Some ‘aha’ moments are mundane, some are miraculous and some can be plain awkward — and Frances Tang‘s company Awkward Essentials is living proof. Personal experience led her to create the company’s signature after-sex cleanup product, then she brought the often awkward bedroom conversation to the boardroom to successfully raise $2.3 million to expand. It’s all part of her mission to normalize and solve our everyday awkward and taboo encounters. We chatted with the multipotentialite about her journey.
OwnTrail: Your nonlinear path has included roles as a hula dancer, cannabis tech founder, web series host and wedding photographer (to name a few!). What common thread connects these dots across your career?
Frances Tang: Most of the positions I’ve held throughout the years have started as interests or hobbies and turned into jobs. I’ve found myself so immersed in the activity that the switch from hobby to job was a simple one. All of these roles I’ve had a passion for, and that’s where the commonality lies. When I am passionate about a topic (ie women’s health) or love a hobby (i.e. hula dancing) I try to engrain that into my everyday life which has led me to this portfolio of roles that I am very proud of.
I’ve been lucky to have the opportunity to dip my toes into non-traditional roles that most people wouldn’t ever dream of going after.
OwnTrail: How has having a nonlinear path helped you get to where you are today?
FT: I’ve been lucky to have the opportunity to dip my toes into non-traditional roles that most people wouldn’t ever dream of going after. This has allowed me to gather skills that on a traditional path, I wouldn’t have had the opportunity to gain or explore. I’m an avid believer in skill stacking – learning new, often unrelated, skills and combining them to make yourself more efficient or think creatively. This has allowed me to become what I am today, an entrepreneur.
For example, as a hula dancer I would emcee shows, which strengthened my public speaking skills, ultimately helping when it comes to pitching. As an event planner, I learned how to manage people, work with vendors, and move quickly. These are all skills I use to this day.
As another example, my company and product was inspired by my time as a baker, using a rubber spatula.
OwnTrail: You got fired as a matchmaker. What was your biggest takeaway from this experience?
FT: To trust my gut. I was hesitant during the final interview stages, but I was ready to leave the position I was currently in and was swayed by the allure of how the job was positioned. Marketing is very powerful!
[T]he brand was built to provide solutions for women just like me. I addressed head-on the problem my product solved, even if it felt “awkward” to others to talk about.
OwnTrail: Personality and humor resonate throughout your trail and the brand you’ve built with Awkward Essentials. At what point on your journey did you embrace authenticity so fully?
FT: When I first pitched my invention, before it even existed, I pitched it as any founder would — with numbers, statistics, and facts. It was an absolute trainwreck. I distinctly remember several faces in the room, with a look of open-mouthed, horrified shock. Pitching an after-sex cleanup invention with data probably wasn’t the best idea.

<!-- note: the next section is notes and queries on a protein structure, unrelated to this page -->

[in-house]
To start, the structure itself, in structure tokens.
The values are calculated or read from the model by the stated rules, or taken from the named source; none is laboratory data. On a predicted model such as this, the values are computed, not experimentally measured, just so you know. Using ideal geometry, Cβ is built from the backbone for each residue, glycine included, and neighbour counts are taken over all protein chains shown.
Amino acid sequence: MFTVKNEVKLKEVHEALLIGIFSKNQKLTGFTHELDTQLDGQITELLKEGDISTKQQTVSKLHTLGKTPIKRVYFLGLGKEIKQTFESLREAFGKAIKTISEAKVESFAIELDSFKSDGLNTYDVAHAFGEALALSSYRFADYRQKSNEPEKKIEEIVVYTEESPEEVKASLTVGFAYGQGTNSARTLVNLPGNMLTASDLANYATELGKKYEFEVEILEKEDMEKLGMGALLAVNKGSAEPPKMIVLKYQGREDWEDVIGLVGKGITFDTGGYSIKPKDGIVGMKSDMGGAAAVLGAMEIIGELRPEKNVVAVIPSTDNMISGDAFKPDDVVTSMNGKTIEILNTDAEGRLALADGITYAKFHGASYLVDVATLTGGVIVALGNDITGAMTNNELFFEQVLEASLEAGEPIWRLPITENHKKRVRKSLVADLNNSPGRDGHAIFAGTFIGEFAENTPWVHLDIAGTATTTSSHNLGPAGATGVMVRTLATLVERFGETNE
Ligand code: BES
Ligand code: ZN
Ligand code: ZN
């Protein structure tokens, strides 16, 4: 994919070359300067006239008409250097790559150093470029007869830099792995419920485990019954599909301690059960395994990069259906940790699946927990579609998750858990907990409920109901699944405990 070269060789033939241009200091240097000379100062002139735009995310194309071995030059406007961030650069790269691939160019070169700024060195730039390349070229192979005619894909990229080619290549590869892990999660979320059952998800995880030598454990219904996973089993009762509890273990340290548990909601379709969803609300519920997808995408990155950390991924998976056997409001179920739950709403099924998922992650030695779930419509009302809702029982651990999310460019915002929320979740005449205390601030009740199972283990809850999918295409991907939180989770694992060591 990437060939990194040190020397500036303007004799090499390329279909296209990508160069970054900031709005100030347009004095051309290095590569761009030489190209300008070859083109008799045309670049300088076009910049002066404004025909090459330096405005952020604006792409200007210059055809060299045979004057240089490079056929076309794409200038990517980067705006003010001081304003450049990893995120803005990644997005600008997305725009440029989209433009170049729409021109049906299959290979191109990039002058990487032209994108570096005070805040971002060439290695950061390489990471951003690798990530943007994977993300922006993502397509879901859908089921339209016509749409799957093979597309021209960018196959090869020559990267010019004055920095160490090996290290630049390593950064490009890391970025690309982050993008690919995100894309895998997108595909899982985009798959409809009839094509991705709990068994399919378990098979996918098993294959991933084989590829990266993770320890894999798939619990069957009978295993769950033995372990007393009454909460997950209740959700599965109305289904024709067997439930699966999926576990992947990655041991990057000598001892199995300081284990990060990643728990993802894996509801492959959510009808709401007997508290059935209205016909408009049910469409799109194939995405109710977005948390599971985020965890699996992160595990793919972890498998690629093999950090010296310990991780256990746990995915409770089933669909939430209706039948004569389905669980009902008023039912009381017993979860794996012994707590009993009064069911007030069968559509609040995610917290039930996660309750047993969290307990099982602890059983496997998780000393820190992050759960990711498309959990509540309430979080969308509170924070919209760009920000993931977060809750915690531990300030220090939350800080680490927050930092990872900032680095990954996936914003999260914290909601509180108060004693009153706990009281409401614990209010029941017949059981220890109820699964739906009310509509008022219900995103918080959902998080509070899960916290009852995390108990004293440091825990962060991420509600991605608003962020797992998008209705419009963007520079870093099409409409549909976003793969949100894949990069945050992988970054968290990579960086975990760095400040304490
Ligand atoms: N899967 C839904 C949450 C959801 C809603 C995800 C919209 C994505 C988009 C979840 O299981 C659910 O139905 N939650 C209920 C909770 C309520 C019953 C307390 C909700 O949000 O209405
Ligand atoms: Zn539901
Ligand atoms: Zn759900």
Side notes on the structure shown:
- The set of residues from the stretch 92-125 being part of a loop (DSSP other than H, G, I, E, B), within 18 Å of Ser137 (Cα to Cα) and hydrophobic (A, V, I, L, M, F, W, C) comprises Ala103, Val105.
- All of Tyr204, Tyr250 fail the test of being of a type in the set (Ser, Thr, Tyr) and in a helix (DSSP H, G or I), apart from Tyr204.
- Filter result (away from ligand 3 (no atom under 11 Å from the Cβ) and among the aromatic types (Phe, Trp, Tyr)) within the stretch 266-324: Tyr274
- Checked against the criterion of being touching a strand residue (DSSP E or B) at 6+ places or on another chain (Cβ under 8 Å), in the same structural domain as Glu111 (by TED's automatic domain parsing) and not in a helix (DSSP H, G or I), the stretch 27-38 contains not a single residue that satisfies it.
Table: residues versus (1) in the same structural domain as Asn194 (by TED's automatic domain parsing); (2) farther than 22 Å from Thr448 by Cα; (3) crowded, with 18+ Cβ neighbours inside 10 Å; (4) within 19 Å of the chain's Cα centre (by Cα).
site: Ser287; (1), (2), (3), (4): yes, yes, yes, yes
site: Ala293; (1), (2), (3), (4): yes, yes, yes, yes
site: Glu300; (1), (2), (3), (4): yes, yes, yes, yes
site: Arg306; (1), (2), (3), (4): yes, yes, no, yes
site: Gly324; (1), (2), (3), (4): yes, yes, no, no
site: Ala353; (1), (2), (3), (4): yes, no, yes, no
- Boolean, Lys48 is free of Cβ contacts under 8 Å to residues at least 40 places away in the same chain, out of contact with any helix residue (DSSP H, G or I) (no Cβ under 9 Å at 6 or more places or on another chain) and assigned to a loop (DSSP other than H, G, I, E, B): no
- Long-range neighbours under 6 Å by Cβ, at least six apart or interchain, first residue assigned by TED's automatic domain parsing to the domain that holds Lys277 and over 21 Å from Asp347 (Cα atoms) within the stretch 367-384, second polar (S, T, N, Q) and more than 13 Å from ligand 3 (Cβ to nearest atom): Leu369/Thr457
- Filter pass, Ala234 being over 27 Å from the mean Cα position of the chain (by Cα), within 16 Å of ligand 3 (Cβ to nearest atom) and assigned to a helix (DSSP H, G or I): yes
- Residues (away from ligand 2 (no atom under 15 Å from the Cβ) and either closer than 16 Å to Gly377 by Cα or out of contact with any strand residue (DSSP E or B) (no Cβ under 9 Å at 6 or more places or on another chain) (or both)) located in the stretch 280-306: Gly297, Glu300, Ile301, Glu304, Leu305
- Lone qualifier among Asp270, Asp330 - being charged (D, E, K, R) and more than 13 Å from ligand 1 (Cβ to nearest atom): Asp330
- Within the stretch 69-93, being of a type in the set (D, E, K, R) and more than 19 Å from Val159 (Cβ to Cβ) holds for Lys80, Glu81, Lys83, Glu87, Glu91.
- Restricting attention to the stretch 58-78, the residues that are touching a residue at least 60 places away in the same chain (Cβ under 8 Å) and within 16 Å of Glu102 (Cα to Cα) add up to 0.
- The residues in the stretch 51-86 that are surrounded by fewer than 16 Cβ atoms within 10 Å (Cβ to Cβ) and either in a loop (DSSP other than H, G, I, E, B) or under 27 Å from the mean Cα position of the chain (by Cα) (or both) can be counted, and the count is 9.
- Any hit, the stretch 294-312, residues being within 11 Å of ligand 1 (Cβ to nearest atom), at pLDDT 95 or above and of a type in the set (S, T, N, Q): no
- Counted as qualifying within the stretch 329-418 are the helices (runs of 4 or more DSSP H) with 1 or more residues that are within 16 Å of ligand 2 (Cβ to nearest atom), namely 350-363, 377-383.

From this, I learned to change the narrative and focus on my own story and personality. After all, the brand was built to provide solutions for women just like me. I addressed head-on the problem my product solved, even if it felt “awkward” to others to talk about.
I shifted how I talked about the product and our brand completely, and ultimately changed how I marketed the company. We are unapologetically honest and not afraid to face taboo topics head-on. We provide a safe space for people to be themselves without having to apologize, and break down barriers when it comes to women’s health and less-talked about topics.
This attitude has opened many doors for the brand, including our most recent funding round.
I think there is a lack of education as well — many women don’t understand their own bodies, which shouldn’t be the case.
OwnTrail: As Awkward Essentials continues to grow, what surprises you about working in a still very stigmatized industry? What excites you about where sextech and femtech is going?
FT: I think what surprises me the most is that this industry is still stigmatized. We are living in an era of reform and change, we see it every day. Women are still fighting for equality and access to solutions for simple problems we deal with every day. It’s important for me to continue working to destigmatize these conversations and this industry. I also I think there is a lack of education as well — many women don’t understand their own bodies, which shouldn’t be the case. If our culture was more honest and open about sex education, there would be a better understanding of how our bodies work, how many holes we have, and products that may help provide additional comfort in uncomfortable situations.
What excites me the most is the growth in these categories. It’s no secret that there aren’t many companies out there that are focused on providing solutions to women’s health needs, but the potential is there. More and more we are seeing these categories talked about. I recently read a New York Times article that compared the revenue of the femtech industry in 2019 to the revenue of a ride-share app and the difference was astounding. However, the market is there for it, and I am confident more and more entrepreneurs will create companies to meet women’s needs. Being amongst a group helping grow this category is exciting and I can’t wait to see what the future holds.